At the close of the marijuana license application submission period on Dec. 20, paperwork for more than 60 retail, producing and processing licenses had been submitted from Camas-Washougal area based businesses to the Washington State Liquor Control Board. The backgrounds of the applicants seem to vary as much as the names they chose for their potential endeavors. But at their core, all for one reason or another have a desire to get into the marijuana business. And as the applications are being processed and scrutinized by the state agency, local cities are heavily involved in their own work to establish a framework for rules, regulations and zonings that will eventually guide how these businesses will fit into the community.
A detached garage and all of its contents were destroyed in a late night fire in Camas on Wednesday, Jan. 15. Camas-Washougal Fire Department units were dispatched to reports of a structure fire at 2525 N.E. Everett St., in Camas.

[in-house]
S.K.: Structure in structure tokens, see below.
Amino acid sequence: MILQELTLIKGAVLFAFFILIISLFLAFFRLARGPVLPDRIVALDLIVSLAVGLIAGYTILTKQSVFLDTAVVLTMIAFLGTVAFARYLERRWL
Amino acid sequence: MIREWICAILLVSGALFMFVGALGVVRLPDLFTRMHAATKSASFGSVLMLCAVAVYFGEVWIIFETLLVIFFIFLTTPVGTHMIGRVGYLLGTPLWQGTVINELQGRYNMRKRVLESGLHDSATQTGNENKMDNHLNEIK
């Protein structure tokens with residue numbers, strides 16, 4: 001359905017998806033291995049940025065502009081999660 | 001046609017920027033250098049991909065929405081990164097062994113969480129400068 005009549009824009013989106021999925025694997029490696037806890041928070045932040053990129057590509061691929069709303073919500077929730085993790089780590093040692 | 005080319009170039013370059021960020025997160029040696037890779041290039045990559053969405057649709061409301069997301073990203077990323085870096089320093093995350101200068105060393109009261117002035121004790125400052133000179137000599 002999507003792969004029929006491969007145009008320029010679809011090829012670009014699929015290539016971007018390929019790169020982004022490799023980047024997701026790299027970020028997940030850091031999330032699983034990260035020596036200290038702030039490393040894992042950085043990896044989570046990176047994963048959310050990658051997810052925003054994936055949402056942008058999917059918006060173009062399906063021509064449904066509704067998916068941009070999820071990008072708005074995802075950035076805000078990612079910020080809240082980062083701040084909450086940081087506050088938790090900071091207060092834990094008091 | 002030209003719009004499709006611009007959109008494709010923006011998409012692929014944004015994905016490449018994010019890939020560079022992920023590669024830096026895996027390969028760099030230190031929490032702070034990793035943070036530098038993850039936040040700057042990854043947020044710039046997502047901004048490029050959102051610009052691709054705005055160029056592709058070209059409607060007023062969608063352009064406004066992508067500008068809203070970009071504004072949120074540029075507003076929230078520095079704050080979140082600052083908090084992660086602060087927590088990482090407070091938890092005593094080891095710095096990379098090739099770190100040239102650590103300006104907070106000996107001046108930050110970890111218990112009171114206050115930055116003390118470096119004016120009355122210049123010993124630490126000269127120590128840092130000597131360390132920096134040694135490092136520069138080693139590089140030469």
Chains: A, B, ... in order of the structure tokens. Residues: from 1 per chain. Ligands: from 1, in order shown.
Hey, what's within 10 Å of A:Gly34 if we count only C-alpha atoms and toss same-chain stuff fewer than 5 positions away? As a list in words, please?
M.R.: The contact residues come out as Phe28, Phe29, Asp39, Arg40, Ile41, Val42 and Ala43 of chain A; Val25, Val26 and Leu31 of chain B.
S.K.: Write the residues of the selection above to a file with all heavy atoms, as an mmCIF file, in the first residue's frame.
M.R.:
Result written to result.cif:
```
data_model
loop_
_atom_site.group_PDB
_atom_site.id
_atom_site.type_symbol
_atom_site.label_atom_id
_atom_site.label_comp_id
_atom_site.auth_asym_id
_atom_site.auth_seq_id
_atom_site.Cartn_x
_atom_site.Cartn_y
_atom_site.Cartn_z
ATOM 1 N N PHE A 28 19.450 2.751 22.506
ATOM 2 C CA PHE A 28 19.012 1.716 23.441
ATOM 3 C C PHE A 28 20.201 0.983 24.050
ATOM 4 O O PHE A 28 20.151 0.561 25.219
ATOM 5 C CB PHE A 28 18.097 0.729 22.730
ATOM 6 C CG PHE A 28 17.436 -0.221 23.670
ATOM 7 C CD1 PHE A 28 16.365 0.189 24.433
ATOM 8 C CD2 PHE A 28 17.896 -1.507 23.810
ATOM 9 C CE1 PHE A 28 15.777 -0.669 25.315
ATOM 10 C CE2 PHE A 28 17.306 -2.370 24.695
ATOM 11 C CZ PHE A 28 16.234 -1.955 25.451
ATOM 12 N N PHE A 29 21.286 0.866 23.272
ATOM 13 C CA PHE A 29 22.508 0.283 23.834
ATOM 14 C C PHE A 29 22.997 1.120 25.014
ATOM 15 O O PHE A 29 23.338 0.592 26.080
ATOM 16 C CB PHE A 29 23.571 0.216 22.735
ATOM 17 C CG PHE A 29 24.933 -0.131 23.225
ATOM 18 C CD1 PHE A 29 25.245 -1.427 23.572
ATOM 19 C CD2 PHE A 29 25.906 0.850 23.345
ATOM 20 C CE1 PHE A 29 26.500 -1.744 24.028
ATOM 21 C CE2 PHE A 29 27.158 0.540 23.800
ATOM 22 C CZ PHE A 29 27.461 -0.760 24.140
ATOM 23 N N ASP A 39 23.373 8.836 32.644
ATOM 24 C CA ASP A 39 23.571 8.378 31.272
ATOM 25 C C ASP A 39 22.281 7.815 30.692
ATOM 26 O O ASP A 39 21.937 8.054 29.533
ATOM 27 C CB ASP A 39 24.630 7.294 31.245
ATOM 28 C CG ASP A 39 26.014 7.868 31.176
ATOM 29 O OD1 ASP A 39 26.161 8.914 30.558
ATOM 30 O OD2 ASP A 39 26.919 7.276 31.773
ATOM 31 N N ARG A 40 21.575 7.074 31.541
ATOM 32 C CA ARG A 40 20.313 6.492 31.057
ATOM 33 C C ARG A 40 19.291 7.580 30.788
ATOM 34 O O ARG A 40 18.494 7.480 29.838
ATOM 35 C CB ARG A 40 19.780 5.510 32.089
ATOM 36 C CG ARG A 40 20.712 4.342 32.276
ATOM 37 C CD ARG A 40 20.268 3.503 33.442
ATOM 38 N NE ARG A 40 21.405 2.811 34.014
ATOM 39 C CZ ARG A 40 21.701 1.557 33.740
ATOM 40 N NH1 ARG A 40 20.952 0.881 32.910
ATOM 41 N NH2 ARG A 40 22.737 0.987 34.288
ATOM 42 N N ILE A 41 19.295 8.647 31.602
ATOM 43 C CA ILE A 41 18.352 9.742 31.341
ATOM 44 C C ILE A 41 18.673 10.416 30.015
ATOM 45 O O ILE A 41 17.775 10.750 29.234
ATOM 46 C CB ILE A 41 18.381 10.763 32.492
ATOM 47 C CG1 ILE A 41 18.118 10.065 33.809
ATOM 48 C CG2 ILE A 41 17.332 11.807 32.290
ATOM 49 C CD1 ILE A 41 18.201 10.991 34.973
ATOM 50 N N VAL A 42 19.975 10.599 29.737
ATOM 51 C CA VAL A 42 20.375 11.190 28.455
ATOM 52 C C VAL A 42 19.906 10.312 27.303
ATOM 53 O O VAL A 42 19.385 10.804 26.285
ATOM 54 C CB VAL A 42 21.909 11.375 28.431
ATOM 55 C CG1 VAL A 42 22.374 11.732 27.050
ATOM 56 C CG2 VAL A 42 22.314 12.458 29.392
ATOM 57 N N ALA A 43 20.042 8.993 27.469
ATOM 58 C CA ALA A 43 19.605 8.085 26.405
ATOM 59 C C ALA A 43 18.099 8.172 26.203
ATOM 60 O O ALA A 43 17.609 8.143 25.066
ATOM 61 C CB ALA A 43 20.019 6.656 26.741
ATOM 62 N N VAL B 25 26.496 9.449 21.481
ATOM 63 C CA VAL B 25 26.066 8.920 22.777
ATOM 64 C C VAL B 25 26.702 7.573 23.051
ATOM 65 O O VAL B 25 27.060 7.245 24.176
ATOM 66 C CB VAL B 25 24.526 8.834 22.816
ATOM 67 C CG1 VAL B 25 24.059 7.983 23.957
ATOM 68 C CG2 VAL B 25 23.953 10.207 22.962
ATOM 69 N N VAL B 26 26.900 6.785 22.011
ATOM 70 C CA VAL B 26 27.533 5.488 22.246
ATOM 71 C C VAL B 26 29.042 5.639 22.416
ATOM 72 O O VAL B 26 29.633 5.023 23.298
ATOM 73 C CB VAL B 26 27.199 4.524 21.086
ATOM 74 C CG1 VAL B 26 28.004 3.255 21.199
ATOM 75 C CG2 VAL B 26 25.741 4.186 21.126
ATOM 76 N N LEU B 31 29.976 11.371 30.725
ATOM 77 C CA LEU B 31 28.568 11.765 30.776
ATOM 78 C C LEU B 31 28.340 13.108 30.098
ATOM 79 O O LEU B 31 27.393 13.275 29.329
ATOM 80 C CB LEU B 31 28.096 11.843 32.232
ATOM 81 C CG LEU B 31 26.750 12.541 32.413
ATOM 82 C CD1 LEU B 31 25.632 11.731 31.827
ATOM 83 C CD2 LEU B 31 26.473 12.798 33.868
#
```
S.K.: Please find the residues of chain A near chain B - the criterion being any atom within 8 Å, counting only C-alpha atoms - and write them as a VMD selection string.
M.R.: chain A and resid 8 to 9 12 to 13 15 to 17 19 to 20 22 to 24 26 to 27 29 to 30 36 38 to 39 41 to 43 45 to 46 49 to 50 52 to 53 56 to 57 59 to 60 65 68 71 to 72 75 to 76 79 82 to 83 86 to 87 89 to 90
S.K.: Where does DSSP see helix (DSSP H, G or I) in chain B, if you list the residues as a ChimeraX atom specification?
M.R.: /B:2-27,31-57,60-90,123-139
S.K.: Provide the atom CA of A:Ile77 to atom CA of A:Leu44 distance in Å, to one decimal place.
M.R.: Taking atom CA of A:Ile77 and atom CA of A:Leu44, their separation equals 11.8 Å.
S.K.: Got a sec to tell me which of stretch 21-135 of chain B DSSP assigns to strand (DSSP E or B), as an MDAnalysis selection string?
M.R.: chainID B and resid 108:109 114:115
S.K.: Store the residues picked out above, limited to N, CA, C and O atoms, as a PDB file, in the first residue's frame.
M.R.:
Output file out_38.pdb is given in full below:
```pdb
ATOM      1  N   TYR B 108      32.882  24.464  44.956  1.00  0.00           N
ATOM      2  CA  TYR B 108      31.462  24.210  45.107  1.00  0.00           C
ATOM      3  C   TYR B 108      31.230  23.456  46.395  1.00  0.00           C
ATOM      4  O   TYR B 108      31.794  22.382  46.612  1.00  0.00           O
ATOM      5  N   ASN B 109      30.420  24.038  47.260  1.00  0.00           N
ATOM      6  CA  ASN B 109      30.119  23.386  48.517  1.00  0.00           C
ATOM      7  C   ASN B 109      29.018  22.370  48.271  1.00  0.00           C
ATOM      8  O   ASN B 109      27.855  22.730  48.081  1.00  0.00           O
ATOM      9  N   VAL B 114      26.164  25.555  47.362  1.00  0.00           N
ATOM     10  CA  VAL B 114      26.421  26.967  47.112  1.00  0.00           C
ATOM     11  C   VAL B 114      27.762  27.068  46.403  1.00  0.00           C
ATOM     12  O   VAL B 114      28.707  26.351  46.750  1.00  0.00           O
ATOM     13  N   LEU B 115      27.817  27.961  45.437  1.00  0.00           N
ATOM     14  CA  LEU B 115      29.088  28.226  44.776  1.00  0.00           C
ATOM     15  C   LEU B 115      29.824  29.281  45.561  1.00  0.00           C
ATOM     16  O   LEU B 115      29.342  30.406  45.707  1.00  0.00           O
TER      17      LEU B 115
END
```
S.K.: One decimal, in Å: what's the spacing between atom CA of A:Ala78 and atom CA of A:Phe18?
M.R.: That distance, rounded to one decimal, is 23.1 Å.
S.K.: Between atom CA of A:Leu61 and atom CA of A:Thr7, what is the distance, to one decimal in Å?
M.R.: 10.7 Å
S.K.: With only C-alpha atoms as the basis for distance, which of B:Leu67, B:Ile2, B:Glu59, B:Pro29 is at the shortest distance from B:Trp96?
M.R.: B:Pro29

When it comes to downtown revitalization, there is a common thread among the documented success stories: Make the experience unique for shoppers, diners, strollers, movie-goers, and other visitors and they’ll continue to come back for more — and they’ll bring their friends and family. With this idea in mind, during the past dozen years downtown Camas has slowly evolved to become an emerging success story, with the potential for much more on the horizon. What makes downtown Camas unique? An illustration of that answer can be found illuminated above the front door of the Camas Gallery on Northeast Fourth Avenue.
A Camas railroad bridge that is part of a line that is more than 100 years old will soon be replaced. Originally built in 1908, the 550 foot long BNSF Railway railroad bridge that runs above the Washougal River and parallels Southeast Sixth Avenue is on tap for replacement, said BNSF spokesman Gus Melonas. Over the years, work has been done to improve and maintain the bridge, but it has never been replaced. “This is an upgrade and enhancement,” Melonas said. “It’s an upgrade for safety and efficiency.”